To give you the best chance of securing a great job when you graduate, our Careers and Employability service can help you find relevant work experience during your course.

We can help you identify placements, internships and voluntary roles to build your links in the industry.

Learning support

As well as support by faculty teaching staff and your personal tutor, you can use the University’s Academic Skills Unit (ASK).

ASK provides one-to-one support in areas such as:

  • academic writing
  • note taking
  • time management
  • critical thinking
  • presentation skills
  • referencing
  • working in groups
  • revision, memory and exam techniques

If you have a mental or physical disability, the Additional Support and Disability Centre (ASDAC) can give you help, support and advice so you can reach your potential.


Teaching methods on this course include:

  • lectures
  • tutorials
  • laboratory work

Teaching staff profiles

These are some of the expert staff who’ll teach you on this Animation degree course. 

Dean Bullen

Dean is an igneous petrologist and mineralogist with 13 years’ experience at the University. He obtained both his BSc and PhD with us, and today, he teaches environmental science subjects, and pure and applied geoscience, at undergraduate and postgraduate level.

His professional experience includes projects, with colleagues at home and abroad, on anthropogenic mine waste, hydrothermally-produced toxic minerals, magmatism and plate tectonics, and meteorites.

Mike Fowler

Mike is a geochemist with more than 25 years teaching experience. He has particular expertise in elemental and stable isotope analysis of silicate rocks and minerals, as well as waters, soils, dusts, and other environmental matrices.

Mike's principle research interests are in granite petrogenesis and the environmental geochemistry of metals, and more recently he has explored chemical methods for source attribution of industrial fugitive dusts, and environmental mineralogy.

Nic Minter

Nic is a Senior Lecturer in Geoscience, who specialises in studying co-evolution between life and the planet. His research explores the interface between palaeontology, sedimentology and behavioural ecology, and focuses on organism-substrate interactions and what they can tell us about ecosystems through time, and their responses to major events in the Earth's history. He also investigates how sedimentary processes and fossil preservation mechanisms may be biasing our views on the history of life. His teaching responsibilities include Earth surface process and materials, and analytical palaeontology.

Rob Strachan

Rob specialises in unravelling the geological history of ancient mountain belts, using fieldwork, detailed mapping, petrology and geochronology. His research areas include Scotland, East Greenland, and northwest France, and he has participated in the regional mapping projects of the Greenland and British geological surveys.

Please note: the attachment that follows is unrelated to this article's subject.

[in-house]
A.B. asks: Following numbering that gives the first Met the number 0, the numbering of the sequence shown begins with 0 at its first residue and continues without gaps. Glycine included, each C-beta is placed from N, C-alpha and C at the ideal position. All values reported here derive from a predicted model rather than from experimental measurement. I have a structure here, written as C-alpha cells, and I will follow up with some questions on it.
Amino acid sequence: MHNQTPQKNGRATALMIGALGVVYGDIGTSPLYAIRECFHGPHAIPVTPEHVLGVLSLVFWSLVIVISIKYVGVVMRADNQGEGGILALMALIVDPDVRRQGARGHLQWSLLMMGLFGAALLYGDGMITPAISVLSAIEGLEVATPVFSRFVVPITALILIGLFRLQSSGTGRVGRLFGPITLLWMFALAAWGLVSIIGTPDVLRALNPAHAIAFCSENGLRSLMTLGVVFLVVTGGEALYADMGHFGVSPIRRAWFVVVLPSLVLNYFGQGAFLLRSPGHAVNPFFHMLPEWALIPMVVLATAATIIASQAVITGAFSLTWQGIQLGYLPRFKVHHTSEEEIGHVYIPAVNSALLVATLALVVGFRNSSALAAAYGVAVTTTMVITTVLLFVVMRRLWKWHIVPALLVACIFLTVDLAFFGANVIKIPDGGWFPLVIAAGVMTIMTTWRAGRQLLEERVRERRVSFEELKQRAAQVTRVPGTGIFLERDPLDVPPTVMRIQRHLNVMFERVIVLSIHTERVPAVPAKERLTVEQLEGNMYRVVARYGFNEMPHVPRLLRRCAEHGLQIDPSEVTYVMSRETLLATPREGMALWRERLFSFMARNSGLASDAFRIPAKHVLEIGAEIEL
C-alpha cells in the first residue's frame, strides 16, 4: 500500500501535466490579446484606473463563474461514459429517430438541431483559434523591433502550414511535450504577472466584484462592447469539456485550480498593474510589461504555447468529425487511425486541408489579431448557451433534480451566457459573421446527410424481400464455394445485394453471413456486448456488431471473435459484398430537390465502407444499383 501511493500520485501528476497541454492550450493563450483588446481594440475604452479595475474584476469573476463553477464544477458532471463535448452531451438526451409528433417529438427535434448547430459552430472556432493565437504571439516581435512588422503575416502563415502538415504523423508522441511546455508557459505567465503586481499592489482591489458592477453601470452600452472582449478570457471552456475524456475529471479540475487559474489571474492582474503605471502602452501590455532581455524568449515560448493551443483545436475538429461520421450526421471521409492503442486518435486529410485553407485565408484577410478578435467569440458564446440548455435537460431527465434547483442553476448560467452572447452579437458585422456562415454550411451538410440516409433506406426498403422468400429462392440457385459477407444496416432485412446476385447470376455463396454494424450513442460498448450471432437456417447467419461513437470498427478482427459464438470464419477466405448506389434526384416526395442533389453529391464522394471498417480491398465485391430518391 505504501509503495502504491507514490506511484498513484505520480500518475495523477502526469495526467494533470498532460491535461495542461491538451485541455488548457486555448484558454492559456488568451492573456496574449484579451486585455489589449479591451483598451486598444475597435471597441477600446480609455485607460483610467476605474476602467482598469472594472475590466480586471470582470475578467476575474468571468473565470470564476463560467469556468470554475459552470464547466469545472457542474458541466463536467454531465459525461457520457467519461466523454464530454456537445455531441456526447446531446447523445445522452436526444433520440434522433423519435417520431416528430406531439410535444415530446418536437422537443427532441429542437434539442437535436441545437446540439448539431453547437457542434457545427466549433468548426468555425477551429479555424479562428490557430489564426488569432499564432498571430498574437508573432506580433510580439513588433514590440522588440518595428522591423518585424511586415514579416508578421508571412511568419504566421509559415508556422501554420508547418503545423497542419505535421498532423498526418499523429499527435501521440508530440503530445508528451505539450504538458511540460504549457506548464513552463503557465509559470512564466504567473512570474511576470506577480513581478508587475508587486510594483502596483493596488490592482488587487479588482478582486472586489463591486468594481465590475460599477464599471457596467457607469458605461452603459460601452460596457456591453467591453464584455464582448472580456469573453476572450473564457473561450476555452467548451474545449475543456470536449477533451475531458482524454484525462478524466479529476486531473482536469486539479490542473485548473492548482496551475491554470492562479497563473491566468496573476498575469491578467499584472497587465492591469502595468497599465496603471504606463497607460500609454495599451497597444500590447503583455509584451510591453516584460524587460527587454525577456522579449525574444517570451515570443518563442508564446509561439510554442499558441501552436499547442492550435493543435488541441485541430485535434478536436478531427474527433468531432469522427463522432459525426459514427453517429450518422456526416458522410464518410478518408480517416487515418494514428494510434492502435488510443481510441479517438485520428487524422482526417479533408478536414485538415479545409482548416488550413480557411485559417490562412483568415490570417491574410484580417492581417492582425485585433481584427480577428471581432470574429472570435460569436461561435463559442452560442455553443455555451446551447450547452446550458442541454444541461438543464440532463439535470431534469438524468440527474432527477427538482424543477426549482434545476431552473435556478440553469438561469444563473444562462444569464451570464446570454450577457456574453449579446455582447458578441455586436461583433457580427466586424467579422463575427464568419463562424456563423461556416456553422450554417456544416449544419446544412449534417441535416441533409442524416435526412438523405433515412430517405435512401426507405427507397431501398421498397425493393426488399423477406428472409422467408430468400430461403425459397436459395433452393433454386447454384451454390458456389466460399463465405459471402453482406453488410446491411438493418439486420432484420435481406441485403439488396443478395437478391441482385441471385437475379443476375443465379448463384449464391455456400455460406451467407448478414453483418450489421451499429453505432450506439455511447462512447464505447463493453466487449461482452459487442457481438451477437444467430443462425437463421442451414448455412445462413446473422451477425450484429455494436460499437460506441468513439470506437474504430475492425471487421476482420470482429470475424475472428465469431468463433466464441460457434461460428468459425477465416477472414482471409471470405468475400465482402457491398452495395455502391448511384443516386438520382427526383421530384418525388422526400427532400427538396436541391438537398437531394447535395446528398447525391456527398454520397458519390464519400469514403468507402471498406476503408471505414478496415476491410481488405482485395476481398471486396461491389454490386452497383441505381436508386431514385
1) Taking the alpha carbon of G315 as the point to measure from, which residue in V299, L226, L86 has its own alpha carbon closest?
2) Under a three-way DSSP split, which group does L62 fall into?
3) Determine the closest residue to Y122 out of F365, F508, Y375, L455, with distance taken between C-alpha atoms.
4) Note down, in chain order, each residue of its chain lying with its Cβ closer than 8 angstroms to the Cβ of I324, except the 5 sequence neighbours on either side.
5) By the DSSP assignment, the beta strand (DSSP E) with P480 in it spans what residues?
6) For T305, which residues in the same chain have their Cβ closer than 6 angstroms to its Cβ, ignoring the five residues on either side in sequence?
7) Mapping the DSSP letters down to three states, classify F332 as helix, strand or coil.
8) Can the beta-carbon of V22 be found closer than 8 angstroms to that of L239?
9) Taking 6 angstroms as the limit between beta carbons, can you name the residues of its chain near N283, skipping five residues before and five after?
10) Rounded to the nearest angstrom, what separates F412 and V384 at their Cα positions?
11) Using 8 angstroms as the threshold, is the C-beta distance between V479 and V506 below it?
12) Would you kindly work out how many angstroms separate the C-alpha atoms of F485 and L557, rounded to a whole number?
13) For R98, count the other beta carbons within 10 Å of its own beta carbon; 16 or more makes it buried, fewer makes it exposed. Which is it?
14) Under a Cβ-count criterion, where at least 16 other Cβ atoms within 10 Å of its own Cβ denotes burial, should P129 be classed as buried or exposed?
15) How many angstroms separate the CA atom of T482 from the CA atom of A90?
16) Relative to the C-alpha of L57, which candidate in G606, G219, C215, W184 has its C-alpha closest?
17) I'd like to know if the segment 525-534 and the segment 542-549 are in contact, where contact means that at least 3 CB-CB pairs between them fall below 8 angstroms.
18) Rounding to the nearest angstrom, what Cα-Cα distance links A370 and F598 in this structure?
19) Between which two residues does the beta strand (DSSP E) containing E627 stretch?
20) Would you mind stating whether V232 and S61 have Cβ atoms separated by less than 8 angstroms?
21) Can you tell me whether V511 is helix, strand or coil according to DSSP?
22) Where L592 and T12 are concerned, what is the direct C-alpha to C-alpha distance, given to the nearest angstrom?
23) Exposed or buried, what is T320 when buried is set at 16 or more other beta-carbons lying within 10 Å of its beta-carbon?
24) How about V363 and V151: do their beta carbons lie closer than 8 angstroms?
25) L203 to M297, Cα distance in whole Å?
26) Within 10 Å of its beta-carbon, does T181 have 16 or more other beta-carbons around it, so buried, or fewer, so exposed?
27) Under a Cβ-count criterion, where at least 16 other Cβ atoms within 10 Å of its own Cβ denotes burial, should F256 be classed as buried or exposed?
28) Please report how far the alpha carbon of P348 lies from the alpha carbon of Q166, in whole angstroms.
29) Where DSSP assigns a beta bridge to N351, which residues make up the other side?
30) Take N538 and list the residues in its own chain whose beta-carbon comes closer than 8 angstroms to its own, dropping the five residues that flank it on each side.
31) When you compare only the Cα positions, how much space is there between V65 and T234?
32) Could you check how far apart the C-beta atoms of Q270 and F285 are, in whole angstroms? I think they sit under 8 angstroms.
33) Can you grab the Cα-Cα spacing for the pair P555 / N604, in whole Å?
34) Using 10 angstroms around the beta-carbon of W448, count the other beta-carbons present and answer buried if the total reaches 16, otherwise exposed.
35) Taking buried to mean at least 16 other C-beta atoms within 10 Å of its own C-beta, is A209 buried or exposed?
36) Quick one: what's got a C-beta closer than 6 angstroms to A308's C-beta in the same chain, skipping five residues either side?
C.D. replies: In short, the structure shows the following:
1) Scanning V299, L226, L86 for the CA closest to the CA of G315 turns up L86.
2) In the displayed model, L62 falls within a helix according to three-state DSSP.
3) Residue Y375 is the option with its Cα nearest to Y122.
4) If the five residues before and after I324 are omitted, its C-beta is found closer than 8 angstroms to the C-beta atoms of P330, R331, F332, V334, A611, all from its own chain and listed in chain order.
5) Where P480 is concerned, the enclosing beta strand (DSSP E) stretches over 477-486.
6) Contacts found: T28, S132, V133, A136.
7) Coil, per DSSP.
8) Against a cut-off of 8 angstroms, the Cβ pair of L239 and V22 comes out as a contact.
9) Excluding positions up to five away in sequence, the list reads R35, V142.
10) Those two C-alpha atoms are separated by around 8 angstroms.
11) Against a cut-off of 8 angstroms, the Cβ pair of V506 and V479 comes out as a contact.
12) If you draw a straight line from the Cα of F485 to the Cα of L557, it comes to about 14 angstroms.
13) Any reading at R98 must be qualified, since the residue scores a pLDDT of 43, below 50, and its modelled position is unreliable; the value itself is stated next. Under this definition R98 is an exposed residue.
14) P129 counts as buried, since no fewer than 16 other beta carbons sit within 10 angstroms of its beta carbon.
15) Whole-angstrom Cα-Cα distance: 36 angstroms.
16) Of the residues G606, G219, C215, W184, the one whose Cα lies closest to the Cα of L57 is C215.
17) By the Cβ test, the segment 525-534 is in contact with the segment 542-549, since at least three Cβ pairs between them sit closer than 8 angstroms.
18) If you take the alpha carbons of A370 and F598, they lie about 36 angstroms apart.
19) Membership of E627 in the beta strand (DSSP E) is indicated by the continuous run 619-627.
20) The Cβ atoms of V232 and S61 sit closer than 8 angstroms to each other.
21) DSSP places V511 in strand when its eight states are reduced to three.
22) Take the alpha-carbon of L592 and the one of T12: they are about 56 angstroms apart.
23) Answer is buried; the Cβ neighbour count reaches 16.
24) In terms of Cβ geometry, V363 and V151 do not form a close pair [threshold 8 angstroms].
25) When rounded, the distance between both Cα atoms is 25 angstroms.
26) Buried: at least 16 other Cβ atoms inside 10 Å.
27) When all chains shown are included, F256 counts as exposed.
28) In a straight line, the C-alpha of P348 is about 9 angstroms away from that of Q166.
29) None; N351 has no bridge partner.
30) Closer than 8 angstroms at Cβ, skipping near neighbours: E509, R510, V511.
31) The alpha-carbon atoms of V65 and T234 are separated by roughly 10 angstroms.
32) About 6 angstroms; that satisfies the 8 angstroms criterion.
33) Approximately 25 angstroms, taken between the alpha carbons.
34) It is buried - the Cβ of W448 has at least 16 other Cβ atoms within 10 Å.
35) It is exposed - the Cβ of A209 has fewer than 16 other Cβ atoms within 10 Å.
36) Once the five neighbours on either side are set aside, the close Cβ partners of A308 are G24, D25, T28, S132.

Rob has written numerous scientific papers based on his research, and co-authored a leading student textbook on the geology of the British Isles and Ireland.

Craig Storey

Craig is an expert in metamorphic petrology and geochemistry, and held research positions at the Natural History Museum, Open University and Bristol University before joining us in 2009.

He teaches metamorphic petrology, geodynamics, analytical techniques and field geology, and is head of the Crustal Evolution Research Group, which researches the evolution of the continental crust; the onset of plate tectonics; planetary processes via meteorites; regional tectonics of the Caledonides, Alps and Himalayas; and the formation of ore deposits such as nickel, platinum-group elements, gold and copper.

Catherine Mottram

Catherine is a geologist interested in geochronology; structural geology and tectonics; metamorphic petrology; geochemistry; and in combining these tools to decipher the complex deformational processes that have shaped our planet over geological time.

Catherine was a US-UK Fulbright scholar in 2014 and has worked in the USA and Canada. Her work has taken her all over the world, from the Himalaya to Arctic Canadian Cordilleras, and today, she teaches structural geology, mapping techniques and field geology.

How you'll spend your time

Each academic year is divided into 2 teaching blocks and 2 assessment periods:

  • September to December – teaching block 1
  • January – assessment period 1
  • January to May – teaching block 2 (includes Easter break)
  • May to June – assessment period 2

Most teaching takes place during the day, Monday to Friday. You may occasionally need to go to University and course events in the evenings and at weekends.